Recently I have had the pleasure of reading In Belloc’s Steps by Jim Malia, published by New Millennium for £7.99. As his title indicates, Jim walked from Toul to Rome (with some help from wheeled transport when desperate) in honour of Hilaire Belloc, starting in 2000 and concluding, after a break, in 2003. Belloc, as lovers of his writings will know, did this same walk a hundred years earlier and wrote about it in The Path to Rome.
Jim, who had just retired from teaching aged 65, carried out a youthful ambition. He describes the blisters, the weather – always important to walkers and often uninviting: “In the mountains one does not presume on the weather; one hopes” – the wine, the people he met, and the incidents, pleasant and unpleasant. It is a lively and sympathetic account, illustrated by short sketches of the route and comments on the hospitality savoured on the way. Apart from the fact that I am a poor map-reader, hopeless at erecting tents and have never tried cooking on a primus, Jim’s account definitely makes me want to follow in his and Belloc’s footsteps.
So I ask him what had inspired him to imitate Belloc. He relates a famous anecdote: “Belloc was a Catholic, forthright and unashamed. Standing for Salford in the General Election and speaking to a largely evangelical group, he took out his Rosary beads, showed them to the crowd, explained what they were and told them he said his Rosary every day. If that fact deterred them from voting for him, he didn’t want their vote. They voted for him. Throughout his book this attitude prevails.”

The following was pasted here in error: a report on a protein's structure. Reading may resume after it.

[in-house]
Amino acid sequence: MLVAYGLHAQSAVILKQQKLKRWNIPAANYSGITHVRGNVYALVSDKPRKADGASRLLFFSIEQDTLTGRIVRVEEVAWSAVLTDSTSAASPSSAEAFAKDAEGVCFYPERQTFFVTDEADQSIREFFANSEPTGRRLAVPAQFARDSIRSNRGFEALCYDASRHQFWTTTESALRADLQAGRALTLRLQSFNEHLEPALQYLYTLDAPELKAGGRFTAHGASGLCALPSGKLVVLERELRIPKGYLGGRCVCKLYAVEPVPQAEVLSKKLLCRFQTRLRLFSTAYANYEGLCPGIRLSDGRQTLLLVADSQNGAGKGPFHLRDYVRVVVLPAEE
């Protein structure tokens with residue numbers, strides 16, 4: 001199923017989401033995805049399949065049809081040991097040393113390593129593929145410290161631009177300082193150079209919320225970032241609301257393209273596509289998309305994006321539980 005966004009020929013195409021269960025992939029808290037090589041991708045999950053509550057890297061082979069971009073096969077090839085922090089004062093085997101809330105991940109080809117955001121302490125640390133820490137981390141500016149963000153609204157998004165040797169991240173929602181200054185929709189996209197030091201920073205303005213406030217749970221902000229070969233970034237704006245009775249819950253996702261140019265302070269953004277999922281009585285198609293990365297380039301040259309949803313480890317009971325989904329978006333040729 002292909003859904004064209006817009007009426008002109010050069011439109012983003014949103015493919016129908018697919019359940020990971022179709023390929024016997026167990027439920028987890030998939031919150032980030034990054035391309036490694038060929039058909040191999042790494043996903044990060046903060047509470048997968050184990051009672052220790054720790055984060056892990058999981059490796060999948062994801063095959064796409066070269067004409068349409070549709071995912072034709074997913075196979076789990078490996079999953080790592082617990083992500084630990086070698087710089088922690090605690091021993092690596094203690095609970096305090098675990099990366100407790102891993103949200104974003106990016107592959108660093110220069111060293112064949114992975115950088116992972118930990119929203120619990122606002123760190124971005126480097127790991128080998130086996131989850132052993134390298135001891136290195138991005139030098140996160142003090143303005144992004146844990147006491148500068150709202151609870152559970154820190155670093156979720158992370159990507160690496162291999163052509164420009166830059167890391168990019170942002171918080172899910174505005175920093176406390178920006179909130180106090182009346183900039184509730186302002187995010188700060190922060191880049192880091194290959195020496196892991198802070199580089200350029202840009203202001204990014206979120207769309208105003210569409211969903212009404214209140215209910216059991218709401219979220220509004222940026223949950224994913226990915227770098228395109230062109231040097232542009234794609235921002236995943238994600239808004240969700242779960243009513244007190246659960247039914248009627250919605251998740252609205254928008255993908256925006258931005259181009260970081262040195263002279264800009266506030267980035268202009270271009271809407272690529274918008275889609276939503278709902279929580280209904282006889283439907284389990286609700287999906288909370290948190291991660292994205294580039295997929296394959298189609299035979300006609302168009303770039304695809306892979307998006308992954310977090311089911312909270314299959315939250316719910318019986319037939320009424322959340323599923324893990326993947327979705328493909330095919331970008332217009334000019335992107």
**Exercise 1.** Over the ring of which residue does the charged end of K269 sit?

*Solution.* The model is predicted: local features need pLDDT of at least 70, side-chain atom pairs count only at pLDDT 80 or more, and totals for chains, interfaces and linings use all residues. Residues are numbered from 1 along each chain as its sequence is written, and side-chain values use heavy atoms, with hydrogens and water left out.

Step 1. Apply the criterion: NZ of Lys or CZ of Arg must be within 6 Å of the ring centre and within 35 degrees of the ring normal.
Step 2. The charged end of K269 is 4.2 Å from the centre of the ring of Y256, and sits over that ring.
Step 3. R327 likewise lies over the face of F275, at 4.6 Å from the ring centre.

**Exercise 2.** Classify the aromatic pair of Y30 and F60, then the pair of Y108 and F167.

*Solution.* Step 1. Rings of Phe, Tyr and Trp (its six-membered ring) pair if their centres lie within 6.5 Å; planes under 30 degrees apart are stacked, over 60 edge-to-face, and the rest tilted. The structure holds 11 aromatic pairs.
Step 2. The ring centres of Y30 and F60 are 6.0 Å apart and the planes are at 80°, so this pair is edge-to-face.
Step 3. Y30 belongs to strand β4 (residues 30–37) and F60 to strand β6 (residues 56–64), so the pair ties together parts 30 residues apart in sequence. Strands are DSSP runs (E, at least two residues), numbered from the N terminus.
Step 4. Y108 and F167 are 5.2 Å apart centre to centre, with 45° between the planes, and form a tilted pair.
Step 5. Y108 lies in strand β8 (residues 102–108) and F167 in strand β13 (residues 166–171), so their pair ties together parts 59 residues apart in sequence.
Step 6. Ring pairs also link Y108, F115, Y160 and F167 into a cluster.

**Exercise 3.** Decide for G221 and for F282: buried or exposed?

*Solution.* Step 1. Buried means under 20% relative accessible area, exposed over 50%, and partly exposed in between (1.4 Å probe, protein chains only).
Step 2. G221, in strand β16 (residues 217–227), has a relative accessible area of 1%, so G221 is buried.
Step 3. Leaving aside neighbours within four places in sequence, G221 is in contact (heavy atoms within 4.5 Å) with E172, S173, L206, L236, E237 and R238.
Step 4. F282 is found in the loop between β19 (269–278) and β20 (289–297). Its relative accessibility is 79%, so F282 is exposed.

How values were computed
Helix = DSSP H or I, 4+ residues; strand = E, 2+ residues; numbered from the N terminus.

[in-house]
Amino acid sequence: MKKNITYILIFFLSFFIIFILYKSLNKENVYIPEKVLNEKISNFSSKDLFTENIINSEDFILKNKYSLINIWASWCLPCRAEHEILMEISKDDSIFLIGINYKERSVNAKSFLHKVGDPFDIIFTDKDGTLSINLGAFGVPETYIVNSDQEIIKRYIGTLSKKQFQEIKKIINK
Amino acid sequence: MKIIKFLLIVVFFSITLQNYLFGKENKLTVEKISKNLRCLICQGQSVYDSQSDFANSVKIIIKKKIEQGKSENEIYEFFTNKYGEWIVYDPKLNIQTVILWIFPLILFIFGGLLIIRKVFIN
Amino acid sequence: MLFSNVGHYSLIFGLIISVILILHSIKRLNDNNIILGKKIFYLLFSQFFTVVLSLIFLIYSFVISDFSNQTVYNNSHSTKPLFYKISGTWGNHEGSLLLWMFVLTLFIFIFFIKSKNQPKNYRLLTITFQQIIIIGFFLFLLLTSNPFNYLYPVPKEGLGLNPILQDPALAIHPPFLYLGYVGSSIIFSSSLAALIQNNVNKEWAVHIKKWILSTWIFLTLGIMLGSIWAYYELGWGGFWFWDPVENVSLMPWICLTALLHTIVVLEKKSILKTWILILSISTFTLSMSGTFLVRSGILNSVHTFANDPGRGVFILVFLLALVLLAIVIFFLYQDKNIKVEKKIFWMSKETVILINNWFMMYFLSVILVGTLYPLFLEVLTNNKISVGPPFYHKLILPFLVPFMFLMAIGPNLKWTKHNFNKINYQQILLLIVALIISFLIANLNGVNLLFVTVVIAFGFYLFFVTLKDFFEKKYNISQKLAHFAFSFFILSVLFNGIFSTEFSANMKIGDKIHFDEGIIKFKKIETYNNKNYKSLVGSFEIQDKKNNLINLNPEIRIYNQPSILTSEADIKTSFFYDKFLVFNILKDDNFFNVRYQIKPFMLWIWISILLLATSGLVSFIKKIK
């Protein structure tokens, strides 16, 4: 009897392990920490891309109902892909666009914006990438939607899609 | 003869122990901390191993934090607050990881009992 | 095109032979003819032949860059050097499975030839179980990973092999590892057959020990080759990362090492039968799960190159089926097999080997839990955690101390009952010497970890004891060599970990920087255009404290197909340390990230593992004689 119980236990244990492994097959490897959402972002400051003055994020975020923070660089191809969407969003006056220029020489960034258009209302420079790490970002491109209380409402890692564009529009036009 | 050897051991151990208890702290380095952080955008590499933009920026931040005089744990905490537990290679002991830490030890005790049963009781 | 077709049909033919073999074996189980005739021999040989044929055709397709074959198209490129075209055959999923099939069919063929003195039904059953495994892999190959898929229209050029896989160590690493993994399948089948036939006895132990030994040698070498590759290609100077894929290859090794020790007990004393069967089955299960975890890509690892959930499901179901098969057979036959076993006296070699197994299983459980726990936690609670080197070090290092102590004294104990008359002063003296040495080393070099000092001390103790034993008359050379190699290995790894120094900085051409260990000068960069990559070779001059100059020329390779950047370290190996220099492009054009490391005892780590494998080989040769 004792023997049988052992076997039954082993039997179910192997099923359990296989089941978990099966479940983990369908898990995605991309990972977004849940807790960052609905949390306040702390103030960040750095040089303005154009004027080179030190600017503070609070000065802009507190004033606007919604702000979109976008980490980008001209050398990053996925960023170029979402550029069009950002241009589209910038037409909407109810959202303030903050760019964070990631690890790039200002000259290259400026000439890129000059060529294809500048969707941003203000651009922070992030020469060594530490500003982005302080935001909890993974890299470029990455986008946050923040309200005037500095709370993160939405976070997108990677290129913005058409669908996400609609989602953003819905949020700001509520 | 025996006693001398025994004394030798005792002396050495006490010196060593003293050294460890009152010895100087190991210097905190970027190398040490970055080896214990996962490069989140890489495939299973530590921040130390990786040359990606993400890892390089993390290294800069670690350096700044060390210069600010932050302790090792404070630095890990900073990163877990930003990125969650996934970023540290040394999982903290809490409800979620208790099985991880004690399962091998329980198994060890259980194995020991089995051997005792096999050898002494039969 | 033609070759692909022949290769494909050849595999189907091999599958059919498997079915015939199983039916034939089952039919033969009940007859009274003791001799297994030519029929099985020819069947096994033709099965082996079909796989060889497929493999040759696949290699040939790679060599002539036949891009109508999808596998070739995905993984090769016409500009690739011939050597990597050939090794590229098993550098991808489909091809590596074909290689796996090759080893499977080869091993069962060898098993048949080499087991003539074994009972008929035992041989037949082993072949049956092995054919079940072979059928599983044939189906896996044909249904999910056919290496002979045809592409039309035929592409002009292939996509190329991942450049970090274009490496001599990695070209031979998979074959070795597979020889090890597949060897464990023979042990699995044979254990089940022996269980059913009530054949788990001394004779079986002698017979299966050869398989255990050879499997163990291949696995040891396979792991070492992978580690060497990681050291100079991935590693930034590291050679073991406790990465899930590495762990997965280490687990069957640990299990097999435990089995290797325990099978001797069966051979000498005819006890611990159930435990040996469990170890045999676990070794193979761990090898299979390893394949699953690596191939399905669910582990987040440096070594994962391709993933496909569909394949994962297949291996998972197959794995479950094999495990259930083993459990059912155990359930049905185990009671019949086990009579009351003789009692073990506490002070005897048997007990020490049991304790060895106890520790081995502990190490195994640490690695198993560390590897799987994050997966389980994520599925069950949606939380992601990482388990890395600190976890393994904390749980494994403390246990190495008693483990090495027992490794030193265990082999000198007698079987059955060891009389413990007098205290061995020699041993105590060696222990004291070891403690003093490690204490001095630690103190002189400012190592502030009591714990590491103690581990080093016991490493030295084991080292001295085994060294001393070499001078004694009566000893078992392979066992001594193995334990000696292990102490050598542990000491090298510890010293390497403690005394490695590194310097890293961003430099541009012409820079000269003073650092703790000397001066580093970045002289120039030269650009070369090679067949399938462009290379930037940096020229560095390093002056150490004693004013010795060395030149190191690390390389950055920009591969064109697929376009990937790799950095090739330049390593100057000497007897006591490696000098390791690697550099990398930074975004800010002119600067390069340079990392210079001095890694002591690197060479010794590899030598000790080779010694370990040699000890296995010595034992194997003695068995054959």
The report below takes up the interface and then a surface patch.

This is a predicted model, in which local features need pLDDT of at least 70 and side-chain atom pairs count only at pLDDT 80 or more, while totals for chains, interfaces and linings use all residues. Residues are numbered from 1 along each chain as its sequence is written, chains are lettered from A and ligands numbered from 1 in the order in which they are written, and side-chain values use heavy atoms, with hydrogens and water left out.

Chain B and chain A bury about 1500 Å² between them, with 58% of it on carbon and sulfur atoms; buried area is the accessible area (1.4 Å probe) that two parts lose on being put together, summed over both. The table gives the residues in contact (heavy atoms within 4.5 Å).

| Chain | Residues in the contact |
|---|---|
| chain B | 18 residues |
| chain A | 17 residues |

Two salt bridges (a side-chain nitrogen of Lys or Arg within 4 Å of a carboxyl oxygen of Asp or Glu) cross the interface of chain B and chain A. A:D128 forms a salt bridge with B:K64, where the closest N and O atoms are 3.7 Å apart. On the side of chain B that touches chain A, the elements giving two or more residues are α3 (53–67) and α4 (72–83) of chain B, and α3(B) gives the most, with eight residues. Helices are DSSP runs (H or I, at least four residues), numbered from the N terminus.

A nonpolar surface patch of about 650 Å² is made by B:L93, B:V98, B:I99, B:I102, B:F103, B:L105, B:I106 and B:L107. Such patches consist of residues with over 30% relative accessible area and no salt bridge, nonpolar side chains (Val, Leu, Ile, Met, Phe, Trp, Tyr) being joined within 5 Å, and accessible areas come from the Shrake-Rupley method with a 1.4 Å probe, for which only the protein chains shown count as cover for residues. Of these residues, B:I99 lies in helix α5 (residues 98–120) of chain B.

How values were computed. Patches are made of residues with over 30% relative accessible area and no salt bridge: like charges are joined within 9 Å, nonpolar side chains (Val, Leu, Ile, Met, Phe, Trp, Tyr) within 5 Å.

I suspect that Belloc is not much read today, so I ask Jim which of his many books he would recommend to modern readers. He tells me that he is not an expert on Belloc’s writing, but that The Path to Rome (Belloc’s own favourite) would be his first choice. He adds that he has enjoyed “the delightful Cautionary Tales, his Histories, such as The French Revolution, Oliver Cromwell, Danton, which are very readable, with a wonderful eye to background and environment, though it is generally agreed they are also somewhat superficial and sometimes inaccurate.”
I quote from Belloc’s famous statement, “Europe is the Faith. The Faith is Europe” and ask Jim what his own response to this view is, given his own pilgrimage through a very different Europe over a century later. He answers reflectively, “Rome built an empire. The barbarians tore it apart. Christian missionaries rebuilt it. Having rebuilt it, the Christian Church nurtured the land and its people: Celtic missionaries, nuns in enclosed convents, monastic communities which farmed the land and the building of the great cathedrals tells us of the Faith that was Europe.”
He continues: “Then came the Reformation, Belloc, brought up in England, saw only vestiges of that Faith. Even in France, the land of his birth, he saw only its flickering flame. Then he came to the village of Undervelier and heard the vespers bell; as the bell tolled he saw all the villagers making for their church, where he joined them and sang the beautiful hymn praising God at the end of the light of day – and felt he was very much part of what had been Christendom.”